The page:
What is a maternity bra?

Think of your everyday bra. Add in extra support, comfortable fabrics, wider straps and extra back length and you’ve got a maternity bra.


During pregnancy your ribcage will open making way for your growing abdomen, and your breasts will change in preparation for breastfeeding. In order to keep your breasts looking perky and you feeling comfortable a maternity bra is essential for support and comfort.

These days, the term “maternity bra” no longer means giant, plain white over-the-shoulder-boulder-holders. Maternity bras have come a long way – they’re prettier, stylish, patterned and colourful, plus with new technology they offer softer fabrics, an integrated support system and even leave you feeling sexy in your new body.

Three everyday maternity bras is a good number to own, but this depends on whether you want varying colours to suit your clothes or crave a luxurious one for those special occasions. Just remember your bra size may change 2-3 times during pregnancy.


When should you buy one?

A lot of the advice says you should buy a maternity bra in your fourth month of pregnancy, but everyone’s different and some mums-to-be notice an increase in breast size as soon as they realise they’re pregnant.

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So, whatever stage of pregnancy you’re at, when you start to feel uncomfortable consider buying a maternity bra and then get re-fitted regularly, because you can change a couple of cup sizes throughout pregnancy.

In the last couple of months as your ribcage opens further you may just need a back extender to prolong the life of your maternity bra. And, in the last month it might be good to buy a nursing bra as your breasts will be nearing their full size for breastfeeding.


What bra size should you buy?

Start by measuring the number of inches around your rib cage. Just place the tape measure round your rib cage and under your breasts, making sure it’s flat and straight. Take this number and add 4 to it if it’s an even number, or 5 if it’s an odd number. The result is your band measurement or bra size - the 34-type number of a 34D bra.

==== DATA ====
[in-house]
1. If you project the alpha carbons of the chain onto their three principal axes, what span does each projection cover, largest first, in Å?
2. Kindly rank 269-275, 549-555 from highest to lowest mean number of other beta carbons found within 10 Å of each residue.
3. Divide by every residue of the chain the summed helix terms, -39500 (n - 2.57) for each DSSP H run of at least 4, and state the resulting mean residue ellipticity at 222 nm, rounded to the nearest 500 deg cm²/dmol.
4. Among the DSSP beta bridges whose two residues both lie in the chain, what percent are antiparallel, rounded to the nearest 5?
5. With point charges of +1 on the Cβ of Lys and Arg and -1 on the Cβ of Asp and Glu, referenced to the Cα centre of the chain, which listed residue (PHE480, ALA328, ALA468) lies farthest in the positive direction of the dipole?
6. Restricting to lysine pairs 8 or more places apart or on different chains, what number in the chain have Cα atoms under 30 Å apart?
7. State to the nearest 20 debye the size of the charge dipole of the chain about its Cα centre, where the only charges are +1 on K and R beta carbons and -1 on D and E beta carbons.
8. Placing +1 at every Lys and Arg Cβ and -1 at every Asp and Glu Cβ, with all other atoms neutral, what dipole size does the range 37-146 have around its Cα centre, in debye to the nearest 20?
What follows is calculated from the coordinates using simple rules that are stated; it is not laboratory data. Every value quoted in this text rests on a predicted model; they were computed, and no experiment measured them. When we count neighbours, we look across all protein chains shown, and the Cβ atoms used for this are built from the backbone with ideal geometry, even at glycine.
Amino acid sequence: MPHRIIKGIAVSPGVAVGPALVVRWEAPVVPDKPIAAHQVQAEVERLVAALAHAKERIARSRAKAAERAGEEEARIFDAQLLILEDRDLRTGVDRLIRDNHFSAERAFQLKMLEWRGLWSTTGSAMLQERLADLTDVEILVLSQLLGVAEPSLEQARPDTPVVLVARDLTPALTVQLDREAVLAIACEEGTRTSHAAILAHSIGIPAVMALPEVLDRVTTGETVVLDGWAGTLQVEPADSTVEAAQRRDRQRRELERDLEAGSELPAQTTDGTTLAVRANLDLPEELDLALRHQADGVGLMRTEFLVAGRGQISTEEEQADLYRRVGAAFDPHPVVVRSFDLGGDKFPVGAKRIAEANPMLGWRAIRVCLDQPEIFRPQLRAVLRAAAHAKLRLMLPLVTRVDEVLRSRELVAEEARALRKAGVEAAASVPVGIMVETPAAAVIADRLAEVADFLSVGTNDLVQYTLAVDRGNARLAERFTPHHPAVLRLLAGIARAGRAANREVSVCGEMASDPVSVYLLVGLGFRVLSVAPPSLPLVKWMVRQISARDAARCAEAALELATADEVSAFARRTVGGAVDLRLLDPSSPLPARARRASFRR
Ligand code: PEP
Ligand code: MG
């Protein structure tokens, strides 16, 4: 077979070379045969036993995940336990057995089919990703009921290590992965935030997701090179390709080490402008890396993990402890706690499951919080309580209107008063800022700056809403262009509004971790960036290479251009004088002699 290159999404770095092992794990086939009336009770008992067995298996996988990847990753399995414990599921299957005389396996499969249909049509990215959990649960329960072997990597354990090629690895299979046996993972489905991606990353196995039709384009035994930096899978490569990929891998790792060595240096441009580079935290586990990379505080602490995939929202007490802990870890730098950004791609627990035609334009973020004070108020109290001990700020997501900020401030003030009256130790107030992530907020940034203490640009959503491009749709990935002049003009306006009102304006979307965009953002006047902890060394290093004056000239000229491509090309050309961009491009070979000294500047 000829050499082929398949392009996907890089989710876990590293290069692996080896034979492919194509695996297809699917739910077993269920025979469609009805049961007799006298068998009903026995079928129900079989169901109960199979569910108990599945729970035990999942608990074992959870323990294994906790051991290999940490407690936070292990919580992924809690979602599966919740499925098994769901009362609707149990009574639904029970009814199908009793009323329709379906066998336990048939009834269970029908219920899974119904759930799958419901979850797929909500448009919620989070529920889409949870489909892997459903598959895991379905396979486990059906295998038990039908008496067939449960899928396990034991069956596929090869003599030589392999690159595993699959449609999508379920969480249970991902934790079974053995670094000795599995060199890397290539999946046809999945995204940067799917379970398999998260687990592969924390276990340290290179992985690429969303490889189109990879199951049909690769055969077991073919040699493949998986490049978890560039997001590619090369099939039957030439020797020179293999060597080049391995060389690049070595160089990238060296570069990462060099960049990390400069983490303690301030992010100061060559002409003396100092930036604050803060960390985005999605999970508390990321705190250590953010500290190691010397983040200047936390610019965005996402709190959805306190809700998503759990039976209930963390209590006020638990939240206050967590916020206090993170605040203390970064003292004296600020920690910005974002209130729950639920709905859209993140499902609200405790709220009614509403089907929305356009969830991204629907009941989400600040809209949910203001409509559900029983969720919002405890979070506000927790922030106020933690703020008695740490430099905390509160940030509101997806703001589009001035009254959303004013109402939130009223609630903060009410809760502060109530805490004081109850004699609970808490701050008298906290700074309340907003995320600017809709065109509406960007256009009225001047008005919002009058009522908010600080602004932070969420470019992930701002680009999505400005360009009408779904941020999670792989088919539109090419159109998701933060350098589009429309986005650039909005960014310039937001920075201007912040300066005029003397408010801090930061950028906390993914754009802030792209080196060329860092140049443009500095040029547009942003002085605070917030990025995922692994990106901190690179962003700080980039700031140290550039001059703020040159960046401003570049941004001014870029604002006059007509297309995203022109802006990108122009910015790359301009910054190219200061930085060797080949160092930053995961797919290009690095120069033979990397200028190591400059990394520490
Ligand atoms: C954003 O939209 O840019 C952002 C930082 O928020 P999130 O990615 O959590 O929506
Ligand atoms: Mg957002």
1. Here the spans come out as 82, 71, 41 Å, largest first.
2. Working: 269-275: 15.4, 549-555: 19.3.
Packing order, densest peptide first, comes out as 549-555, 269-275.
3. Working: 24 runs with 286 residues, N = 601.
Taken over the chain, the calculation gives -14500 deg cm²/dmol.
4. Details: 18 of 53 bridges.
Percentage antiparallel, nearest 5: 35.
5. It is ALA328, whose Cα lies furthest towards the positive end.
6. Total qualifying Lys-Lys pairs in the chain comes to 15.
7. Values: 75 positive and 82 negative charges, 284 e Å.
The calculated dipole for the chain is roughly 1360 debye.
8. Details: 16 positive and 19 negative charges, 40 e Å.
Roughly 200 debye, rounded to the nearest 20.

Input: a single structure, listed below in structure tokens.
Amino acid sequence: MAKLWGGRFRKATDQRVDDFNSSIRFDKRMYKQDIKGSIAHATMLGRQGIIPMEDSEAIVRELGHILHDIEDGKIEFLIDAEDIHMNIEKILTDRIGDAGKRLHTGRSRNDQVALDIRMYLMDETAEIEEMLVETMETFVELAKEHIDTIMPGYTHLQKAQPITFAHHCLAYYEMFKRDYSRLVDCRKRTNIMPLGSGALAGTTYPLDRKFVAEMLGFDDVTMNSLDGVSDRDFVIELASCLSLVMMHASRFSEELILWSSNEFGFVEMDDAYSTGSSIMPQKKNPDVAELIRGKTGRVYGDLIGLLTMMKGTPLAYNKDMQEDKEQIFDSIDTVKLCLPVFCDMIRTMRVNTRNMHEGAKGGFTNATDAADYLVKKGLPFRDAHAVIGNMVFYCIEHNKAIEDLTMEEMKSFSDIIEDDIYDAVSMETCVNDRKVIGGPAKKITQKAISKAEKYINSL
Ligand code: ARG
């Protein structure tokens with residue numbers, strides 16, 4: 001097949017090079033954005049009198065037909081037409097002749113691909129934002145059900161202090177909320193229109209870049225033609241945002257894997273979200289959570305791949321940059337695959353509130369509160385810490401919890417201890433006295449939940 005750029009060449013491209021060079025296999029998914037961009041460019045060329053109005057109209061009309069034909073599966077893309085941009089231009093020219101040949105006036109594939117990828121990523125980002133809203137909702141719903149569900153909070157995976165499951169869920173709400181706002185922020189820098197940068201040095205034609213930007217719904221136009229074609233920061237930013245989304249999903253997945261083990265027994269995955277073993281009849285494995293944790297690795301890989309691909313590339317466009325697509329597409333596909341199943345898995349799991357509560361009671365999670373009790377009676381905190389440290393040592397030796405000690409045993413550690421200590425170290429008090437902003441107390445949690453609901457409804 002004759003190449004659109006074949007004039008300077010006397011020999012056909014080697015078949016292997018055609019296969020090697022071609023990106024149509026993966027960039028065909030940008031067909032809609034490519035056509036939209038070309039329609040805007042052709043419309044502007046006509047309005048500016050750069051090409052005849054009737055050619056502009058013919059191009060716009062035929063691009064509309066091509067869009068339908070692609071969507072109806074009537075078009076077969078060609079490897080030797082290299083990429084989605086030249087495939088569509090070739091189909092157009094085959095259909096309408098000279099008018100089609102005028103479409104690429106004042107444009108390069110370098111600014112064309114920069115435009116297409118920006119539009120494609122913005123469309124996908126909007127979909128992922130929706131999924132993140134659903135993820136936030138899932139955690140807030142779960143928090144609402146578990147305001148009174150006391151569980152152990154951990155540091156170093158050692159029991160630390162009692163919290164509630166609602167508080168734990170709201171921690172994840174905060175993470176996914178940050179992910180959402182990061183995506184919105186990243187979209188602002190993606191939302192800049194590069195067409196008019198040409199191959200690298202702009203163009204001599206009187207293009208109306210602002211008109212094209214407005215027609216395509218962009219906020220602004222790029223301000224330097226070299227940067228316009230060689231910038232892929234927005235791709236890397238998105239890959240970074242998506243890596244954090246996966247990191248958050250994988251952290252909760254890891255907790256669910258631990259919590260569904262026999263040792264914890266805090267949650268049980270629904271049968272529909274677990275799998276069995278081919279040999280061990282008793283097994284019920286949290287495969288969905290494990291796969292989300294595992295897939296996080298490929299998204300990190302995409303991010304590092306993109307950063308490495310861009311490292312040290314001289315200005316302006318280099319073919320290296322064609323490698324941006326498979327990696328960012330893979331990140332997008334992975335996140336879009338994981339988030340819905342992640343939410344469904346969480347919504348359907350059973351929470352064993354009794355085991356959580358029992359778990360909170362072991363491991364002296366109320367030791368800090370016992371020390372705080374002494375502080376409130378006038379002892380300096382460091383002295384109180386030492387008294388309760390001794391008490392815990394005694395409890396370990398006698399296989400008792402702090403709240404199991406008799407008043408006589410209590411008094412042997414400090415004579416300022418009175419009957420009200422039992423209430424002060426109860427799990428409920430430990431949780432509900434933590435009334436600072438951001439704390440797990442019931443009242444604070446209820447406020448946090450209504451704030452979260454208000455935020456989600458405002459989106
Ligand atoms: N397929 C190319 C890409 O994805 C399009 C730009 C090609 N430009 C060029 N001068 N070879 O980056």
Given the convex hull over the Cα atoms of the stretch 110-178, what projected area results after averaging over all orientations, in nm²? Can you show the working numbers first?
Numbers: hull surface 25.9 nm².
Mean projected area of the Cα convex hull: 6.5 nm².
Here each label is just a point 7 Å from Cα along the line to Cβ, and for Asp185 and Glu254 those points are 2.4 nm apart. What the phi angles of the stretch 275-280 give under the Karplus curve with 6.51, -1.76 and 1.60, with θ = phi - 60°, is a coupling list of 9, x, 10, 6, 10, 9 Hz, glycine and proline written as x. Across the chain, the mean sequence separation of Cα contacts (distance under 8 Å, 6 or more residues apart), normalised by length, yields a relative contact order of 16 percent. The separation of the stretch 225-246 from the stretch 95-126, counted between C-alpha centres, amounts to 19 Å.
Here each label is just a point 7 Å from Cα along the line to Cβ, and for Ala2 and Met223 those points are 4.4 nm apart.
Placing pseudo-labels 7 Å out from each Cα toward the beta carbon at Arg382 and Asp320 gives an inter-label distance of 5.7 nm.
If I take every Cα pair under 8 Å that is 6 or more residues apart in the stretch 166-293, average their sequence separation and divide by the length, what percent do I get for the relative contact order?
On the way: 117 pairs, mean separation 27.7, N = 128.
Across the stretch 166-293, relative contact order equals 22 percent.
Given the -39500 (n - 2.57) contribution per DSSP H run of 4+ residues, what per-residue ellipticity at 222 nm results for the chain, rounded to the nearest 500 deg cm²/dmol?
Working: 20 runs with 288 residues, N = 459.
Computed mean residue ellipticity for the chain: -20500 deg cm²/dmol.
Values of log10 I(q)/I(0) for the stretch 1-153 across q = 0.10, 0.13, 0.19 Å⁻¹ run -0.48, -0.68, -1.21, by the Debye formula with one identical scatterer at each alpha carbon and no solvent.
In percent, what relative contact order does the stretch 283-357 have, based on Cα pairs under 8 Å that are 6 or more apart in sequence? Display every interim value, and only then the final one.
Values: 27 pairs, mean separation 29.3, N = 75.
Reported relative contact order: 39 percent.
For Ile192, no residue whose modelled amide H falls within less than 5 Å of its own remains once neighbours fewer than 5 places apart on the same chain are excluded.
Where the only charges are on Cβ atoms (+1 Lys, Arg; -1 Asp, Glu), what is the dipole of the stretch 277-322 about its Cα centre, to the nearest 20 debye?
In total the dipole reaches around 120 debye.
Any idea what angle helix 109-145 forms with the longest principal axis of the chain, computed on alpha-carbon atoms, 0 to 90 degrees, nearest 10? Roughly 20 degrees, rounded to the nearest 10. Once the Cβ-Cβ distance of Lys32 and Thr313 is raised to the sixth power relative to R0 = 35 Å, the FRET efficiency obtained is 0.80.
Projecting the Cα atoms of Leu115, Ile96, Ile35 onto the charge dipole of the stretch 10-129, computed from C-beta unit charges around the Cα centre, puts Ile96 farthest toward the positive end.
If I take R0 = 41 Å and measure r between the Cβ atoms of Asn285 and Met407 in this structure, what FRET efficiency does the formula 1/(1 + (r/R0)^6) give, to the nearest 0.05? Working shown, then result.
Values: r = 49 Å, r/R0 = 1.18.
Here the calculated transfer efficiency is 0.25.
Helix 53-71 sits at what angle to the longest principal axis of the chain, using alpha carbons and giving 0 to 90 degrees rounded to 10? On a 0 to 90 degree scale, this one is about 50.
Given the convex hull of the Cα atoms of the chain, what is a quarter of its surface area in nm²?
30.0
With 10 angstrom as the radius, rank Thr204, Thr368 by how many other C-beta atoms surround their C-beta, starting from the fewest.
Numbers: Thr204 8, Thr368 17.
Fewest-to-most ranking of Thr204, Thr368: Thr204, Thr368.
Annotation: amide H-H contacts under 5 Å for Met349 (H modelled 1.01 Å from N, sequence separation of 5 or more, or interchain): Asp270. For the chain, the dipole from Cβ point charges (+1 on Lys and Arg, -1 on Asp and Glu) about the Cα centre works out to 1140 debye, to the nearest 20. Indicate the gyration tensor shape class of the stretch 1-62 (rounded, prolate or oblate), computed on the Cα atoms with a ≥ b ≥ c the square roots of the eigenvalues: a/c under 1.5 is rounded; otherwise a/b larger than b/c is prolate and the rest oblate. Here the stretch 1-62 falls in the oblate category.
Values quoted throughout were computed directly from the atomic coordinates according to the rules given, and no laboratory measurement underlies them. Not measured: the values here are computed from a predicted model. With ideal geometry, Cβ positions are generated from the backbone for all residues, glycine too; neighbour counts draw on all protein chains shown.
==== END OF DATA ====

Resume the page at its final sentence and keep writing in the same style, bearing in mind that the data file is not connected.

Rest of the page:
Once the bra is on you should be able to run a finger comfortably underneath and along the band. Make sure the straps aren’t cutting into your shoulders and ensure the band doesn’t lift up when you raise your arms.

While you’ll find this is roughly how the sizing works at big names like Mothercare and Mamas & Papas, there’s no guarantee that all companies follow the same sizing methods. Nothing beats trying a bra on, and if you are buying online, check the site’s sizing guide and that they do exchanges or returns.

Finally, consider a back extender - a little strap with hooks and eyes that fit to your existing bra strap, giving you space to breath. It prolongs the life of your maternity bra, especially in the last month or so when your ribcage has fully expanded.


What cup size should you buy?

To get your cup size, firstly measure in inches around the fullest part of your breasts. Then you need to subtract your band size from this number, and the difference will help you decide your bra size. As a general rule, if your bust measurement is the same as your band size you should look for a cup size A, if it’s 1 inch more try a B-cup and so on. Here’s a quick cup-size guide:

  • 0 difference = A cup
  • 1-inch difference = B cup
  • 2-inch difference = C
  • 3-inch difference = D
  • 4-inch difference = DD
  • 5-inch difference = E
  • 6-inch difference = F
  • 7-inch difference = G

Again, this is a general rule and it’s best to try the bra on.

You’ll know if the cup size is wrong if your breasts bulge out the top or sides. If this happens, go up a cup size. But, if the cups are saggy but the back fits you may need to go down a cup size. It’s trial and error, but as long as most of your breast is covered (depending on the style) you should be fine.

It’s also worth heading in-store to get fitted –many retailers that sell bras will offer a bra fitting service.


Should you avoid underwire maternity bras?

Some health professionals advise against underwire bras in pregnancy because they think they are restrictive and can suppress the milk ducts. However, there doesn’t seem to be any concrete evidence to prove this and views have changed. As long as your bra fits well it should be fine. Also, with new technology, wire has been replaced by light boning, which is great for larger-breasted women who don’t want to lose the support of an underwire.

For many women though the back strap should be wide enough to support you without the need for wiring.


What should you wear at night?

For some mums-to-be taking your bra off might mean more pain or discomfort. Some of you might even experience leakage in your last trimester and need to wear breast pads. If this is the case, there are night-time bras. These are usually softer, lighter and seam- or hook-free. These are more popular in the third trimester when breast size has reached its peak, but it’s up to you to decide what’s comfy.

Many night-time bras are made of super soft cotton for extra comfort, and might have a hook that allows for breastfeeding so you can wear it post-pregnancy, too. Some daytime bras are so comfortable you can wear them at night, so look out for these as a great money saver.


Where do you start?

Before you start shopping, check out our in-depth reviews of maternity bras to discover what other mums-to-be have to say.